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2016 (English)In: International journal of phytoremediation, ISSN 1522-6514, E-ISSN 1549-7879, Vol. 18, no 11, p. 1136-1147Article in journal (Refereed) Published
Abstract [en]

Several Gentle Remediation Options (GRO), e.g. plant-based options (phytoremediation), singly and combined with soil amendments, can be simultaneously efficient for degrading organic pollutants and either stabilizing or extracting trace elements (TE). Here, a 5-month greenhouse trial was performed to test the efficiency of Medicago sativa L., singly and combined with a compost addition (30% w/w), to treat soils contaminated by petroleum hydrocarbons (PHC), Co and Pb collected at an auto scrap yard. After five months, total soil Pb significantly decreased in the compost-amended soil planted with M. sativa, but not total soil Co. Compost incorporation into the soil promoted PHC degradation, M. sativa growth and survival, and shoot Pb concentrations (3.8 mg/kg DW). Residual risk assessment after the phytoremediation trial showed a positive effect of compost amendment on plant growth and earthworm development. The O2 uptake by soil microorganisms was lower in the compost-amended soil, suggesting a decrease in microbial activity. This study underlined the benefits of the phytoremediation option based on M. sativa cultivation and compost amendment for remediating PHC and Pb contaminated soils.

Keywords
Cobalt, Petroleum Hydrocarbon, Phytoremediation, Polycyclic Aromatic Hydrocarbon, Lead
National Category
Environmental Sciences
Research subject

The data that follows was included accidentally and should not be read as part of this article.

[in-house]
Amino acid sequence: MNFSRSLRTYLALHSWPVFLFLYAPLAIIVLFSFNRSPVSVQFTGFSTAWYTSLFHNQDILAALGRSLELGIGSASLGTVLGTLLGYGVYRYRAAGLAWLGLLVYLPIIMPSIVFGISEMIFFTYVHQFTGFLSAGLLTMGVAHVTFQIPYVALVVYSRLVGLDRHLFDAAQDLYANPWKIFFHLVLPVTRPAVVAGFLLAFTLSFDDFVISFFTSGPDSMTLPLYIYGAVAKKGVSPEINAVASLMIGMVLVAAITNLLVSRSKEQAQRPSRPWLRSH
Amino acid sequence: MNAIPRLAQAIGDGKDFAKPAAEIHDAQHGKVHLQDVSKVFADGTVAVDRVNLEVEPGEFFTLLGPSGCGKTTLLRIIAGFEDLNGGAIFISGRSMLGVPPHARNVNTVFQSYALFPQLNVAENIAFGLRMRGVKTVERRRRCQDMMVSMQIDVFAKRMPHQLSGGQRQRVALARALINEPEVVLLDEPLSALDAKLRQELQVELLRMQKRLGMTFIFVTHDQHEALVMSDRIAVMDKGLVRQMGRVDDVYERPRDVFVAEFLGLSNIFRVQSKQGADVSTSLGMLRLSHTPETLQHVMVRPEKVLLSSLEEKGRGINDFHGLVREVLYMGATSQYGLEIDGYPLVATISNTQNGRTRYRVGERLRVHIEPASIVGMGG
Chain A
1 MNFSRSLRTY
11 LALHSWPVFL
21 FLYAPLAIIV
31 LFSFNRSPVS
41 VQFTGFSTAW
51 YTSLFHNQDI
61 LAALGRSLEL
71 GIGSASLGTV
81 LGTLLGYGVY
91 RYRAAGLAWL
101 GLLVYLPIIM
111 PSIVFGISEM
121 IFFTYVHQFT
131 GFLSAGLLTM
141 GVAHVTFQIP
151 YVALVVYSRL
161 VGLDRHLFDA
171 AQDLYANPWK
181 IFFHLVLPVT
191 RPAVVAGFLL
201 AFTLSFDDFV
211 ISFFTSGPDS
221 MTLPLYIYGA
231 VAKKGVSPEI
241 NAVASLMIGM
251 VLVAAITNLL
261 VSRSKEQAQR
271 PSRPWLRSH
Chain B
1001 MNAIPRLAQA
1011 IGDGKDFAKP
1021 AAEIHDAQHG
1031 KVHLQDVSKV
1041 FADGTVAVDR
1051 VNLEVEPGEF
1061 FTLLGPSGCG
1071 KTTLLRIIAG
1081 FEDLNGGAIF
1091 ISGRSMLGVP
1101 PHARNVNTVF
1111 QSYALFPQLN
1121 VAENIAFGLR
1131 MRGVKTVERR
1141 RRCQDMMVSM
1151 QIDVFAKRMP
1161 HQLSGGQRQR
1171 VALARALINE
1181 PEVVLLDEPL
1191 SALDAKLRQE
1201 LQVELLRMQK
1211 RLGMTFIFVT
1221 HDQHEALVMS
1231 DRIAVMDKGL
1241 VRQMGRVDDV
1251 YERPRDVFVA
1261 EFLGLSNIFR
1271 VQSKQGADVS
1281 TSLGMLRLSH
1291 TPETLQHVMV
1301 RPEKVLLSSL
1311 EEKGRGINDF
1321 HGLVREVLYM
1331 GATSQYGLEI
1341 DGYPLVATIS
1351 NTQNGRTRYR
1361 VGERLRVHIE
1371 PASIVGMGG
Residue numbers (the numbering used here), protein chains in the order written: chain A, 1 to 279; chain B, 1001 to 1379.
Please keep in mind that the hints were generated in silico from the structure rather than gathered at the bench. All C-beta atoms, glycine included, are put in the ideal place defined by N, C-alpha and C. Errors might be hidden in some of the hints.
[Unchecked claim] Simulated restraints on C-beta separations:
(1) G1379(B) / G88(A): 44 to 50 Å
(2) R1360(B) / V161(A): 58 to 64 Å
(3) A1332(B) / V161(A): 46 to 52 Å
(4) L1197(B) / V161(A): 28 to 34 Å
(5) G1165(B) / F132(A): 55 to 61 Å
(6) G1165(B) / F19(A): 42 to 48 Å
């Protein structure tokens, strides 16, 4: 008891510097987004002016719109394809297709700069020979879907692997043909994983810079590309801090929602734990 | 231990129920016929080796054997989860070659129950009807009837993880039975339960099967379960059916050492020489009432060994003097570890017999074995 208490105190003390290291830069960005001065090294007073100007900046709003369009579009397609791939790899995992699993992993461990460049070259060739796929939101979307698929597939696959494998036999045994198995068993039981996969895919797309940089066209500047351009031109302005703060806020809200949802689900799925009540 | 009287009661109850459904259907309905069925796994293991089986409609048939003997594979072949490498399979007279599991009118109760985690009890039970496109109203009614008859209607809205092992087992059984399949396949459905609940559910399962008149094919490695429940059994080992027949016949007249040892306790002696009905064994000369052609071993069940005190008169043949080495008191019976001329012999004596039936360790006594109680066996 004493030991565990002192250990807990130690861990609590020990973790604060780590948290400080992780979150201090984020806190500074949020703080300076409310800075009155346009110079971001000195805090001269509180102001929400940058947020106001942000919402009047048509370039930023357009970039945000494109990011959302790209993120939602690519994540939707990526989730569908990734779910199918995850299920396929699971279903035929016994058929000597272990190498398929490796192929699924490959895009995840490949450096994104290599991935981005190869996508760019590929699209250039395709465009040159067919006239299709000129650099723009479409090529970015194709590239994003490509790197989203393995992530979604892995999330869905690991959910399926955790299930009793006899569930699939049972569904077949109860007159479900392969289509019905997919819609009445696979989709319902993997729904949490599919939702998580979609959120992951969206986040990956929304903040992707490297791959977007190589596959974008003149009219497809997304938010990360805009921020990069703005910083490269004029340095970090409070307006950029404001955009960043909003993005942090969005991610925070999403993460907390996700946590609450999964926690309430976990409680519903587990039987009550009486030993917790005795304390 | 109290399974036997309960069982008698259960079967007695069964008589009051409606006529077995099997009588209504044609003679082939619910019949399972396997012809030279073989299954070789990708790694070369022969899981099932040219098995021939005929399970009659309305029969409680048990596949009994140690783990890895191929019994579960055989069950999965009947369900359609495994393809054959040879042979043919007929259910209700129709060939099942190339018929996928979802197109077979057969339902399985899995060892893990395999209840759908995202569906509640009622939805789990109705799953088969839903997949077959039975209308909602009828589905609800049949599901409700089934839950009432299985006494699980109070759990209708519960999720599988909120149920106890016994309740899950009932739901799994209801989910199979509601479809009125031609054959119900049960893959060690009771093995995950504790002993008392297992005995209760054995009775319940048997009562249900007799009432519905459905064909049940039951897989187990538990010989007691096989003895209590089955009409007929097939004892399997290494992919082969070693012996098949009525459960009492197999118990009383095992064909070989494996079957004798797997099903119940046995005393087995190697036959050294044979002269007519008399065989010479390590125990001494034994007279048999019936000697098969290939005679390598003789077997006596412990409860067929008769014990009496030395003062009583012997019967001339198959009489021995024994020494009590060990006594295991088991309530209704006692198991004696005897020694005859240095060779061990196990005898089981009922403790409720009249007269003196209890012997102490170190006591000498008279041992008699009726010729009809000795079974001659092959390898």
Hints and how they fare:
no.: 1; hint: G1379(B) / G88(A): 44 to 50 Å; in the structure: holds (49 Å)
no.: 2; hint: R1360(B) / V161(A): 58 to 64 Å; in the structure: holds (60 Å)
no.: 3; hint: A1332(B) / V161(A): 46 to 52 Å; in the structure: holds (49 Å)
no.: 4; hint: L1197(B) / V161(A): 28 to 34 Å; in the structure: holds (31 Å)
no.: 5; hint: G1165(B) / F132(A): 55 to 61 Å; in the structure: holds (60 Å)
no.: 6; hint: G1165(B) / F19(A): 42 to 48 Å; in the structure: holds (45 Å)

Natural Science, Environmental Science
Identifiers
urn:nbn:se:lnu:diva-52380 (URN)10.1080/15226514.2016.1186594 (DOI)000381015200010 ()27216854 (PubMedID)2-s2.0-84978230447 (Scopus ID)
Available from: 2016-05-04 Created: 2016-05-04 Last updated: 2017-11-30Bibliographically approved
5. Pilot scale ecopiling of petroleum hydrocarbons and metals contaminated soil
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(English)Manuscript (preprint) (Other academic)
National Category
Environmental Sciences
Research subject
Natural Science, Environmental Science
Identifiers
urn:nbn:se:lnu:diva-60837 (URN)
Available from: 2017-02-22 Created: 2017-02-22 Last updated: 2018-05-02Bibliographically approved
6. Long-term phytoremediation of petroleum hydrocarbons and metals contaminated soil
Open this publication in new window or tab >>Long-term phytoremediation of petroleum hydrocarbons and metals contaminated soil
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(English)Manuscript (preprint) (Other academic)
National Category
Environmental Sciences
Research subject
Natural Science, Environmental Science
Identifiers
urn:nbn:se:lnu:diva-60838 (URN)
Available from: 2017-02-22 Created: 2017-02-22 Last updated: 2018-05-02Bibliographically approved